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6H2O + 6CO2 --> C6H12O6 + 6O2 How many grams of Glucose are made if you start with 88.0g of CO2?

1 Answer
Mar 14, 2018

Answer:

Approximately #60 \ "g of" \ C_6H_12O_6#.

Explanation:

We have the balanced equation (without state symbols):

#6H_2O+6CO_2->C_6H_12O_6+6O_2#

So, we would need six moles of carbon dioxide to fully produce one mole of glucose.

Here, we got #88 \ "g"# of carbon dioxide, and we need to convert it into moles.

Carbon dioxide has a molar mass of #44 \ "g/mol"#. So here, there exist

#(88color(red)cancelcolor(black)"g")/(44color(red)cancelcolor(black)"g""/mol")=2 \ "mol"#

Since there are two moles of #CO_2#, we can produce #2/6*1=1/3# moles of glucose #(C_6H_12O_6)#.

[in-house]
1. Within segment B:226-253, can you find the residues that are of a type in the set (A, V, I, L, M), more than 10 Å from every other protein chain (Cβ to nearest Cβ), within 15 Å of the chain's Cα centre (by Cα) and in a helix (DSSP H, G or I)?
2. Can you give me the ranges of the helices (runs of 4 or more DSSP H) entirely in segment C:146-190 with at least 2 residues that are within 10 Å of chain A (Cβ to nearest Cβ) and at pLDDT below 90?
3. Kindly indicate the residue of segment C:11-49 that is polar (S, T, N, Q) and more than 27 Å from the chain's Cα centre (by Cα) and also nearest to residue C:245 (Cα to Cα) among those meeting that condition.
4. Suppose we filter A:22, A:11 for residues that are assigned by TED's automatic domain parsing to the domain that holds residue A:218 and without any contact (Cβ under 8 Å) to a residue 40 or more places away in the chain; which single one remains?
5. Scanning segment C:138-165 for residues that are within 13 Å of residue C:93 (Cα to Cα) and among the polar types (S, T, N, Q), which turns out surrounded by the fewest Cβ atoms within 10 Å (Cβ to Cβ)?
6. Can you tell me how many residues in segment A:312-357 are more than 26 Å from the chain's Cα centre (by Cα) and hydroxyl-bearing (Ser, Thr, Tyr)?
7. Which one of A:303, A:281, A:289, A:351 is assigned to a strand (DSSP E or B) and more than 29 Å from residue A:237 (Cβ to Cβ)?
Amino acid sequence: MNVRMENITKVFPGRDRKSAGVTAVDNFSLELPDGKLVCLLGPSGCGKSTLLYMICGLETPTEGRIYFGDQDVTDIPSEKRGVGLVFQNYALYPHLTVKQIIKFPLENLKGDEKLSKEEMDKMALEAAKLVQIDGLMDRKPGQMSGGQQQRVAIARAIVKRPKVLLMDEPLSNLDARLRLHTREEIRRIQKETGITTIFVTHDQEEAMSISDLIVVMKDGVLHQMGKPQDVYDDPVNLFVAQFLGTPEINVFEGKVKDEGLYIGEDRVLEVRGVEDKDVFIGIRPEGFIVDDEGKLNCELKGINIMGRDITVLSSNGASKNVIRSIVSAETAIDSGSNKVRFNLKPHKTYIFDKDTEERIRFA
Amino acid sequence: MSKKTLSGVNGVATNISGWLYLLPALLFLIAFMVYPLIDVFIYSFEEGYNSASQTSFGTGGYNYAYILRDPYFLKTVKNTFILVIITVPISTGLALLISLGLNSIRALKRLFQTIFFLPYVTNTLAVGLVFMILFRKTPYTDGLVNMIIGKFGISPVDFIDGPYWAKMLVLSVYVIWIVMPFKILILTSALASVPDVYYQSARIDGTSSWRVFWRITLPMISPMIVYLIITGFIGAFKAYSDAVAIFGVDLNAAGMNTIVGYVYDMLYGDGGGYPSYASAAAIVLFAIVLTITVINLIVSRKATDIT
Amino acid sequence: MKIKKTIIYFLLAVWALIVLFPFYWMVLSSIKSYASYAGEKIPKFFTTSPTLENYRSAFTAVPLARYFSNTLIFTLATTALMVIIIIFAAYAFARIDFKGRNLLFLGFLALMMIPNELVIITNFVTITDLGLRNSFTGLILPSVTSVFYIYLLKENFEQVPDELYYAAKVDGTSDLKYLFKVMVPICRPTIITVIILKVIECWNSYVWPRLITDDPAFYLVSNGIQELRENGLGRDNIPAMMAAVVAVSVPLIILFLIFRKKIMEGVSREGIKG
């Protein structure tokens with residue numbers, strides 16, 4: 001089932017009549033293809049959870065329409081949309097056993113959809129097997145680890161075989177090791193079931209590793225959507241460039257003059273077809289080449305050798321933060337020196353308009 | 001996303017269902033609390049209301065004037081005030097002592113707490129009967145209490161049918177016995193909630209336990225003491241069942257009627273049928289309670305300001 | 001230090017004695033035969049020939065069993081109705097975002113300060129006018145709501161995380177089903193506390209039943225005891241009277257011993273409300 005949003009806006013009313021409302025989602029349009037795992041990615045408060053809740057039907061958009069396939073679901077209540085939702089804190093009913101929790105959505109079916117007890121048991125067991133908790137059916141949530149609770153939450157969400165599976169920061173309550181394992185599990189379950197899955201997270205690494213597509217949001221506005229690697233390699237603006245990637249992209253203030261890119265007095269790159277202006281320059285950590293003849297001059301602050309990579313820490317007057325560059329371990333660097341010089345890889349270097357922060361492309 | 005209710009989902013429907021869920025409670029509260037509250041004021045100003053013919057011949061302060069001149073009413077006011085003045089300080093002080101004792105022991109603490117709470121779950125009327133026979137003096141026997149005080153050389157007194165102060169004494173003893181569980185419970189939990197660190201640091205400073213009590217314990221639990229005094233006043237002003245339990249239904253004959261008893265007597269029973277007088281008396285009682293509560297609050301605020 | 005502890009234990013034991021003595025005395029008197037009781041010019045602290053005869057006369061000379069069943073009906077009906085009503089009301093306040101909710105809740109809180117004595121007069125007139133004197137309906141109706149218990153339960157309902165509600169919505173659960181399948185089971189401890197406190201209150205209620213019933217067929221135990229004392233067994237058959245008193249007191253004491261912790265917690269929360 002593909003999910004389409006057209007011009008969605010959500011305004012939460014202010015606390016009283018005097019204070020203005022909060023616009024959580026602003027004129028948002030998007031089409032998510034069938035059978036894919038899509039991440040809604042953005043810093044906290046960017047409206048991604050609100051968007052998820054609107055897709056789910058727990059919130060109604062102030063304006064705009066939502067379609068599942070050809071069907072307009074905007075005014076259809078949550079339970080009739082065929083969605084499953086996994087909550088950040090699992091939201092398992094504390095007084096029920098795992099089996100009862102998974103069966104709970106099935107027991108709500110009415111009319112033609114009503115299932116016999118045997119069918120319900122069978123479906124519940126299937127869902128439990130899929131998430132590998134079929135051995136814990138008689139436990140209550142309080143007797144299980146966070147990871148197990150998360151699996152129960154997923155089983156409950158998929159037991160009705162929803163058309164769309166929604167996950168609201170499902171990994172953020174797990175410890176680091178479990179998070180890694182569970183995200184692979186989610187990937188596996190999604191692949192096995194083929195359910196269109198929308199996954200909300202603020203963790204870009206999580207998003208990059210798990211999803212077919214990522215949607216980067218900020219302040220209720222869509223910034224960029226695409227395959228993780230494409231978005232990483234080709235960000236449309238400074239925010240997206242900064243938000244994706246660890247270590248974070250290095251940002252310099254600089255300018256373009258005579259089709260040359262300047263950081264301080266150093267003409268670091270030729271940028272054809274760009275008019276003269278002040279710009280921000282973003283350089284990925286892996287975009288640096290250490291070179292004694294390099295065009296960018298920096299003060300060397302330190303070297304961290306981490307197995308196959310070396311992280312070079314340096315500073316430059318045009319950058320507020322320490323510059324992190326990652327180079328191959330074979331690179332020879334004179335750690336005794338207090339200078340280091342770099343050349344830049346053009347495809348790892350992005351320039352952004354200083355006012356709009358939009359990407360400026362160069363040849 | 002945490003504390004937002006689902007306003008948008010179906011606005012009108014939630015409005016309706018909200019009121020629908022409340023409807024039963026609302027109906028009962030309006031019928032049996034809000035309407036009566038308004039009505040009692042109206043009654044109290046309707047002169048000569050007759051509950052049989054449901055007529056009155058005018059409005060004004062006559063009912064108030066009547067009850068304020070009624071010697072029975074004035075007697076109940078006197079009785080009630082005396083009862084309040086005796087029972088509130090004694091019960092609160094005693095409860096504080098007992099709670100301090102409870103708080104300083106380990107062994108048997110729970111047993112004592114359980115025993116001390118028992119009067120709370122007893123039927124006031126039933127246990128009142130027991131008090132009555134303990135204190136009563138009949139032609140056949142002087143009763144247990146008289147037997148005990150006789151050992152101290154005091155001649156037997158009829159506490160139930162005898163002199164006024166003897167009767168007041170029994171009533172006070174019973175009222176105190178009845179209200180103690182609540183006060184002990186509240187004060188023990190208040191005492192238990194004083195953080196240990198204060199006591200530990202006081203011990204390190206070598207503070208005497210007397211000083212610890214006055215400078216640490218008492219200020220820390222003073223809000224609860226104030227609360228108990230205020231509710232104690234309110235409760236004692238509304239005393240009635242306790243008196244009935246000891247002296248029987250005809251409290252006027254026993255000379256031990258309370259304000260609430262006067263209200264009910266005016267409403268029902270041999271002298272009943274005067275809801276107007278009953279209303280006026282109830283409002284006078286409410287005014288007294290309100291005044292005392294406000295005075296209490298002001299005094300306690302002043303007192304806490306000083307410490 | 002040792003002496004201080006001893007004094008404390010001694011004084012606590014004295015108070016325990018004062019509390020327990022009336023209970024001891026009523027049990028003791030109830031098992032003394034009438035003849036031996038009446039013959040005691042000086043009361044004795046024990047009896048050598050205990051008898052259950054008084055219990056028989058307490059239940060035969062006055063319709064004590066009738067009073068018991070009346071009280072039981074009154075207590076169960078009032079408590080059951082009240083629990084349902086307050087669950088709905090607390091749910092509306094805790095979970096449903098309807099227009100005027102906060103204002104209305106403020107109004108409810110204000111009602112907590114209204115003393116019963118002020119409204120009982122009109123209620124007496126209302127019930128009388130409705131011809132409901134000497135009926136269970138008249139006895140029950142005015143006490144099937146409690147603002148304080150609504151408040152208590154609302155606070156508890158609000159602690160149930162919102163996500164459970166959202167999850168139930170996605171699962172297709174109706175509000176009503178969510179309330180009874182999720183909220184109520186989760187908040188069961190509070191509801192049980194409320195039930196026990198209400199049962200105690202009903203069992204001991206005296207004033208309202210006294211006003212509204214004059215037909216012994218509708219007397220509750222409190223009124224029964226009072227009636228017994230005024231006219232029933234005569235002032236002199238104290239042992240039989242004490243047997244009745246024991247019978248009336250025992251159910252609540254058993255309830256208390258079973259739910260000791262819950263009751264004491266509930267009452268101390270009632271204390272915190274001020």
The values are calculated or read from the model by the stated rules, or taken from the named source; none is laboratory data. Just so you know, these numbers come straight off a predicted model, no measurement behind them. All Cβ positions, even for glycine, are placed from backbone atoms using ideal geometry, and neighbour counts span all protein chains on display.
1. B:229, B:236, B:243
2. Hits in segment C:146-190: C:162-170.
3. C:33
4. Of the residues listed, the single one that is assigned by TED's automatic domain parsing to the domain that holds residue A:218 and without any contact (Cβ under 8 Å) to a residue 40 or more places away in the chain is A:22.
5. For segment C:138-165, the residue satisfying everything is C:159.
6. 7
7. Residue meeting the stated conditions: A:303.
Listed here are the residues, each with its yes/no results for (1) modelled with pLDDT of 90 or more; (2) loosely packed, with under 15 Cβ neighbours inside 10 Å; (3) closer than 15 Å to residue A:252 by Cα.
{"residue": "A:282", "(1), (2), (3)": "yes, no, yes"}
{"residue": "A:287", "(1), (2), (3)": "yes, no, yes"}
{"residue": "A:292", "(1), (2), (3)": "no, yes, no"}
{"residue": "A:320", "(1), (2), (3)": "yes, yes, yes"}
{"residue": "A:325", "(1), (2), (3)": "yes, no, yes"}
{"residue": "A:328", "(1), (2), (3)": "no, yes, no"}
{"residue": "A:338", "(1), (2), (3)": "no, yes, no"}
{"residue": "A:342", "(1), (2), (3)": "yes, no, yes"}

We need to find the mass of the glucose produced, so we multiply the number of moles of glucose by its molar mass.

Glucose has a molar mass of #180.156 \ "g/mol"#. So here, the mass of glucose produced is

#1/3color(red)cancelcolor(black)"mol"*(180.156 \ "g")/(color(red)cancelcolor(black)"mol")~~60 \ "g"# to the nearest whole number.

So, approximately #60# grams of glucose will be produced.